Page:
SB4 Detractors Use The Money Factor To Ask For Its Repeal


SB4, the state law that would allow law enforcement to ask the public about immigration status, will go into effect next month and Houston activists, as well as political and business leaders, are using money as a reason to ask for its repeal.

Based on the impact a law similar to SB4, commonly known as the sanctuary cities law, had in Arizona a few years ago groups like Texas Together and Mi Familia Vota predict the legislation will hurt Texas’ economy.

According to immigration activists, the population of non-citizen Hispanics in Arizona decreased by 10 to 15 percent because of the law, which was known as SB1070.

Based on that, Texas Together, Pantsuit Republic Texas and Mi Familia Vota contend that if 10 percent of undocumented immigrants leave our state, it could lose more than $200 million in state and local taxes.

After a press conference held at the George R. Brown Convention Center in downtown Houston, Laura Murillo, president and CEO of the Houston Hispanic Chamber of Commerce, told Houston Public Media: “this is real money. We saw the negative economic consequences in Arizona. These are real issues that have an impact, whether you are pro-immigrant or not.”

The groups also predict billions of dollars in lost wage earnings and job losses that were dependent on immigrant consumers.

Houston City Council Member for District I Robert Gallegos foresees other problems because, as he noted during the press conference, “SB4 will expose Houstonians to violations of due process. It’ll erode trust between the Police and the public.”

SB4 is scheduled to go into effect on September First.

This story originally appeared 8/11/2017 on Houston Public Media.

Activistas piden que revoquen programa 287(g), temen que latinos sean el objetivo de arrestos en Carrollton (VIDEO)

Carrollton protest

Activistas pidieron al Ayuntamiento de Carrollton que revoque el programa 287(g), que crea una colaboración con el Servicio de Inmigración y Control de Aduanas de los Estados Unidos (ICE, por sus siglas en inglés) y el Departamento de Policía de la Ciudad, al norte de Texas.

Más de en una docena de activistas en contra de la medida se presentaron en el Ayuntamiento para hablar en contra del programa. Por algunos momentos hubo tensión al ver llegar un grupo de personas vestidas con ropa de camuflaje y con banderas de Estados Unidos y una bandera verde asociada a grupos supremacistas y conocida como ‘KEK’.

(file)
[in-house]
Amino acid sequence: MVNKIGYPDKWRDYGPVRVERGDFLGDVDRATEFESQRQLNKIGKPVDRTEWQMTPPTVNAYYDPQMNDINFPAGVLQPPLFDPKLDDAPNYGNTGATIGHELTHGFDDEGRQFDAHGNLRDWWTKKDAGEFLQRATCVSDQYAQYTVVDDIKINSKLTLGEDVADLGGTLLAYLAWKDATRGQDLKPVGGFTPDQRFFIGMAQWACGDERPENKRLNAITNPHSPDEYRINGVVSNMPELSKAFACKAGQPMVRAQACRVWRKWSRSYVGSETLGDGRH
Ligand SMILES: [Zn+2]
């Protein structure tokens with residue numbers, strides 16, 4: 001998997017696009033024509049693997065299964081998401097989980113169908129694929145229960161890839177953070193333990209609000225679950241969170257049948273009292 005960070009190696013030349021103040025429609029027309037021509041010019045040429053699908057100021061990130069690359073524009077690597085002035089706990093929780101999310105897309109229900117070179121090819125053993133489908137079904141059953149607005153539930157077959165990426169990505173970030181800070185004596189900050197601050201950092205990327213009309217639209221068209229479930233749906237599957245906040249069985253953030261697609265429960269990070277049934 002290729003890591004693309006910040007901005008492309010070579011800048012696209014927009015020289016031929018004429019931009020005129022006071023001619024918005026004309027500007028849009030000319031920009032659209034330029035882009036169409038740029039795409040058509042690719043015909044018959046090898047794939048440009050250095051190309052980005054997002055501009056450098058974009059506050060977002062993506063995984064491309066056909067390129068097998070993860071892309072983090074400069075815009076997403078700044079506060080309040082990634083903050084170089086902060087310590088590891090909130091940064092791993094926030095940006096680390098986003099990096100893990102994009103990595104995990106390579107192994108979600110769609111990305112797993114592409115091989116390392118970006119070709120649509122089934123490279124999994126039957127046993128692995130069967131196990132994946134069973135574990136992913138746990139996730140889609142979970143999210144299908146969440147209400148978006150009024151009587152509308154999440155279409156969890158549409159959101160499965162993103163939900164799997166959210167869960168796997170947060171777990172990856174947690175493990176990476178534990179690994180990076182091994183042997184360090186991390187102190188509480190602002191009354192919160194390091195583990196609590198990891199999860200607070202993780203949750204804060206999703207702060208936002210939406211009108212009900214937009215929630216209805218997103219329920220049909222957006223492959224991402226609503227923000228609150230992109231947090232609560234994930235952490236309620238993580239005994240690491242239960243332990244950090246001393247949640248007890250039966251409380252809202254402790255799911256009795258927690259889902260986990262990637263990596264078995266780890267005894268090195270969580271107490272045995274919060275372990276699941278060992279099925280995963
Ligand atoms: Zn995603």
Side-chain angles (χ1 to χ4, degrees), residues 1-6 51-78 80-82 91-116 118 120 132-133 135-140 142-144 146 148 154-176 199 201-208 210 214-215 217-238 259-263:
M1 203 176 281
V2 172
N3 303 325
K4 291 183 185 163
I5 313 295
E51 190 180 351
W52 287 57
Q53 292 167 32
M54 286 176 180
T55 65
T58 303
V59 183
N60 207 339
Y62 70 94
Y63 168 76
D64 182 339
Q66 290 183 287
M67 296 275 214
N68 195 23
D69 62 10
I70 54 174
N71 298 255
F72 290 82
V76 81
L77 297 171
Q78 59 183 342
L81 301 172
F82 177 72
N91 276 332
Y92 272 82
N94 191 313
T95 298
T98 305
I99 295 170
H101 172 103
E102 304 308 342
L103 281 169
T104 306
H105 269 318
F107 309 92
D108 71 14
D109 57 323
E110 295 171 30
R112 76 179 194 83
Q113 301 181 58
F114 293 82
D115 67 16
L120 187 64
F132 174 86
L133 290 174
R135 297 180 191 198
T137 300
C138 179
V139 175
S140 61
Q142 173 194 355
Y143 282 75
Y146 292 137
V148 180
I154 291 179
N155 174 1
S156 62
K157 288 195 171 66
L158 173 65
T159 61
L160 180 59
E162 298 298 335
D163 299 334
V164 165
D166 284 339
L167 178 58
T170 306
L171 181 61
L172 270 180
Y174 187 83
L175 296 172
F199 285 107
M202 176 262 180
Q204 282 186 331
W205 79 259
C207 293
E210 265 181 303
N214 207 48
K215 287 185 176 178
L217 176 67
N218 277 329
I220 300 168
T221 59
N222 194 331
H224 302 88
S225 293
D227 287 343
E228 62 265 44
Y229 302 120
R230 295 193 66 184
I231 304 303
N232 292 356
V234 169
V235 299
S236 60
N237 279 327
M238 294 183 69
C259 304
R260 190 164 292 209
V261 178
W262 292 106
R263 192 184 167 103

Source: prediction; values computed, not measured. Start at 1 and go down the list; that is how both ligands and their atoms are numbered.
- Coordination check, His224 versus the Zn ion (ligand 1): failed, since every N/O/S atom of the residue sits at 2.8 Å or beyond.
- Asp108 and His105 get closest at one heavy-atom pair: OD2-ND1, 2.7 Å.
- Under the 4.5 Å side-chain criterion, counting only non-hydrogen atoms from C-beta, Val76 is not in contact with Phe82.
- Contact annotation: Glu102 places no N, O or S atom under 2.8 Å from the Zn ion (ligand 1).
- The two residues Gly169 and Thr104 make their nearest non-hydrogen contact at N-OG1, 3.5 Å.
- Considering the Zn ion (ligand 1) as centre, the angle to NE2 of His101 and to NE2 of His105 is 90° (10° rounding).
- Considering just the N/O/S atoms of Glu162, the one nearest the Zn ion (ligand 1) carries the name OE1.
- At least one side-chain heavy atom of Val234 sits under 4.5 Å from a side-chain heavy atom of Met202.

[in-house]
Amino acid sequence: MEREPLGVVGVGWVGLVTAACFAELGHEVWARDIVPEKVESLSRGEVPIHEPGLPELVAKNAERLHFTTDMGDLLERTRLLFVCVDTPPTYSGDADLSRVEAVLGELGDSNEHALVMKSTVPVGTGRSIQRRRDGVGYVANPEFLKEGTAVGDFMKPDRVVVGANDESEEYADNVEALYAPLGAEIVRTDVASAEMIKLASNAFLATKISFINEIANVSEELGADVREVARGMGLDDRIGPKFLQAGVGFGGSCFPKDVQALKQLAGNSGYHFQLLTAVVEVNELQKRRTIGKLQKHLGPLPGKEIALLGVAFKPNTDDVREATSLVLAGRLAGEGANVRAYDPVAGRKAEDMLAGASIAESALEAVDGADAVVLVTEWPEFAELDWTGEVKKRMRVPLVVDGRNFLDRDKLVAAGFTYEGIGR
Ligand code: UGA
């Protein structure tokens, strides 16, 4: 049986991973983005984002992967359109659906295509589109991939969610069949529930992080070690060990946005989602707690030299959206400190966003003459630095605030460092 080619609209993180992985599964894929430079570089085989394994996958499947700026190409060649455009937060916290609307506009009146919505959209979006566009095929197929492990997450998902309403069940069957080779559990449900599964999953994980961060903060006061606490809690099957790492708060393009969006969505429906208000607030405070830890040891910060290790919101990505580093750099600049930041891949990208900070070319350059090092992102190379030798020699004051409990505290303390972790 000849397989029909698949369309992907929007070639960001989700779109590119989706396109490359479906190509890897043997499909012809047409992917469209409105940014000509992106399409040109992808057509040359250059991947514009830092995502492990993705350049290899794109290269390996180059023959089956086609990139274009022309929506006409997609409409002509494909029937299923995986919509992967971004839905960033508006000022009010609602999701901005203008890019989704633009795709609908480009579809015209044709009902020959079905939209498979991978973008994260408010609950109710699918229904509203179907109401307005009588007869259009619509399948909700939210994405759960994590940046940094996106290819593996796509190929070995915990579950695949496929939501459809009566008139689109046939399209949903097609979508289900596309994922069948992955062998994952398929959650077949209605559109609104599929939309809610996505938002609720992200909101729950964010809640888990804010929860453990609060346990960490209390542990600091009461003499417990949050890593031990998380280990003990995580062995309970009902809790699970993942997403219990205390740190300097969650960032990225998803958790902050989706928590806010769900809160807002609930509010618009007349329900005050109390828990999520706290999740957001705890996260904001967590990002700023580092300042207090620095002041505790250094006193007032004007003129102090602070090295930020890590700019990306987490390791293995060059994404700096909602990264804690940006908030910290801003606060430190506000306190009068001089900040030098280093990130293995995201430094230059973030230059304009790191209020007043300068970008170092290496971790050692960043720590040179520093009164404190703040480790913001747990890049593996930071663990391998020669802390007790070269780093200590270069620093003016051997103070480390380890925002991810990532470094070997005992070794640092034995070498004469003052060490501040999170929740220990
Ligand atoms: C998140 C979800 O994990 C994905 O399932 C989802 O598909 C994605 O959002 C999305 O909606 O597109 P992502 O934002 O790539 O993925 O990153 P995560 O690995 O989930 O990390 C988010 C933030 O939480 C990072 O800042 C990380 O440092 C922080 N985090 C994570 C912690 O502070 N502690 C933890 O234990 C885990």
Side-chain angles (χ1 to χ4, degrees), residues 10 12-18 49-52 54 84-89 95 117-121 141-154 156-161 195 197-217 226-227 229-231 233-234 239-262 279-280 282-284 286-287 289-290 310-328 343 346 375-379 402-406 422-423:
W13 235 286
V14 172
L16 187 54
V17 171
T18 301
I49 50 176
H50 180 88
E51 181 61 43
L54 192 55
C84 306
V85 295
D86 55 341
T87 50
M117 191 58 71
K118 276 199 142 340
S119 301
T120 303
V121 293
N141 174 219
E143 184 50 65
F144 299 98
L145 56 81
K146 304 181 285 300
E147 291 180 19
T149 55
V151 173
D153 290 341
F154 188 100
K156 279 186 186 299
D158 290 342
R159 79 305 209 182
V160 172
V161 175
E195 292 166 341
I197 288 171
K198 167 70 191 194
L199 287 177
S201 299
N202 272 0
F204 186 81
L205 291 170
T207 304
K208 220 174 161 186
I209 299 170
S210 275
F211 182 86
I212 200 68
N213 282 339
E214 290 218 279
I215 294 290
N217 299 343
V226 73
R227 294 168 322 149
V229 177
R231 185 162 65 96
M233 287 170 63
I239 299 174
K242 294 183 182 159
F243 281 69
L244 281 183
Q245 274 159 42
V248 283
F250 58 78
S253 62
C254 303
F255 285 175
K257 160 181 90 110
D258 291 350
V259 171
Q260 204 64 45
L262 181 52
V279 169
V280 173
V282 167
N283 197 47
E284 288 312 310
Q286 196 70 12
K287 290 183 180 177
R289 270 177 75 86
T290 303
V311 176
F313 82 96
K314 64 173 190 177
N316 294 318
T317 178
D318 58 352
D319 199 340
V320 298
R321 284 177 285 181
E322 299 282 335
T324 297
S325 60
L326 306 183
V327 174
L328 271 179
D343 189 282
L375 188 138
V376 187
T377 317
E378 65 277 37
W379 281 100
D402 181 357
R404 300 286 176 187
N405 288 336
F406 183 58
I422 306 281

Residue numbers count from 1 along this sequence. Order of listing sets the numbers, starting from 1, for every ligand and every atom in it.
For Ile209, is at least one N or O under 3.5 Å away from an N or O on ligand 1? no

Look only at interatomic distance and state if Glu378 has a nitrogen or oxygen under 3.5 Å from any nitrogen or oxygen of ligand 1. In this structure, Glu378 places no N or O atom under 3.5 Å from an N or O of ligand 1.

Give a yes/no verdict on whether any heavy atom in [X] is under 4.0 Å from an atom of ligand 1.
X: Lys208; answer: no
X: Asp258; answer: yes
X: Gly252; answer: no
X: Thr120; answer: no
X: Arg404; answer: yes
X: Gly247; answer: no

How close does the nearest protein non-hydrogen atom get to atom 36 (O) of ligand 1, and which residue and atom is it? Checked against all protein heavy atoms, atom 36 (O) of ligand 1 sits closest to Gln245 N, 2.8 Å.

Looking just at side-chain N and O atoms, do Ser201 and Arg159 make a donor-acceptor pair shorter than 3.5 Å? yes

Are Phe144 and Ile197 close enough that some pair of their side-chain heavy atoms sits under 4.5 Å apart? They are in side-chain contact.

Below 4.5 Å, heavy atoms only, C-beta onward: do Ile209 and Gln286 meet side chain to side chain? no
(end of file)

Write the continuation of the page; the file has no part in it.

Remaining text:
De acuerdo al Departamento de Policía, en el 2016 solamente el uno por ciento de las personas arrestadas fueron deportadas. Gabriela Rodríguez, Policía de Carrollton, enfatizó que ellos no han sido instruidos a preguntar por el estatus migratorio ya que su responsabilidad es la seguridad del público.

This story originally appeared 7/12/2017 on Mundo Hispánico.

Democrat Files Bill to Repeal SB 4 During the Special Session

Rotunda protest

After Senate Bill 4, the “anti-sanctuary cities” bill, passed, Democrats and immigrant-rights activists pledged a “summer of resistance” to fight it — and so far that resistance has been relentless.

The latest move: Representative Ramon Romero (D-Fort Worth) filed a bill yesterday to repeal SB4 during the special session.

“My hope is that representatives, as they’ve gone home and done their research, maybe they understand we rushed to pass SB4 without understanding its full extent, and the economic impact it’s going to have on our state,” Romero told the Texas Observer.

If we’re being realistic here, the bill is largely symbolic. It’s obviously not on Governor Greg Abbott’s list of priorities for the session’s agenda, and the odds that it will even make it to the floor in the Republican-controlled Lege, let alone pass with a two-thirds vote, are slim to none. But Romero recognized this, hoping instead that it can at least get a hearing in committee — and hoping that, for at least the third time, Republican lawmakers will have to listen to hundreds of Texans testify emotionally against the bill and see the damage SB4 has already done to immigrant communities.

Starting September 1, the new law will allow police to question people about their immigration status while detaining them for any reason, often called a “show-me-your-papers” provision. It will require all jurisdictions to cooperate with U.S. Immigration and Customs Enforcement’s requests to hold suspected undocumented immigrants in jail long enough for ICE to pick them up. And it will hold threats of criminal penalties and removal from office over the heads of any police chief or sheriff who fails to comply with ICE or creates policies prohibiting cops from enforcing immigration law.

So far the so-called summer of resistance has included endless protests and rallies; unbridled dissent from police leaders across the state, including Houston Police Chief Art Acevedo; and, most significant, an all-hands-on-deck lawsuit. It’s not just activist groups fighting the state’s GOP leadership with this one; Texas’s largest cities — Houston, Dallas, San Antonio and Austin — plus two border jurisdictions and El Paso County have joined the Texas Organizing Project and the ACLU of Texas in the fight to bring down the law in court. The groups, represented by the Texas Civil Rights Project, argue that the law will encourage racial profiling, in violation of equal protection under the Constitution.

Hearings in the case have already begun — but as with most fights against some of Texas’s most controversial legislation, such as anti-abortion restrictions and stringent voter ID laws, expect this battle to rage on far longer than through this summer.

This story originally appeared 7/11/2017 in Houston Press.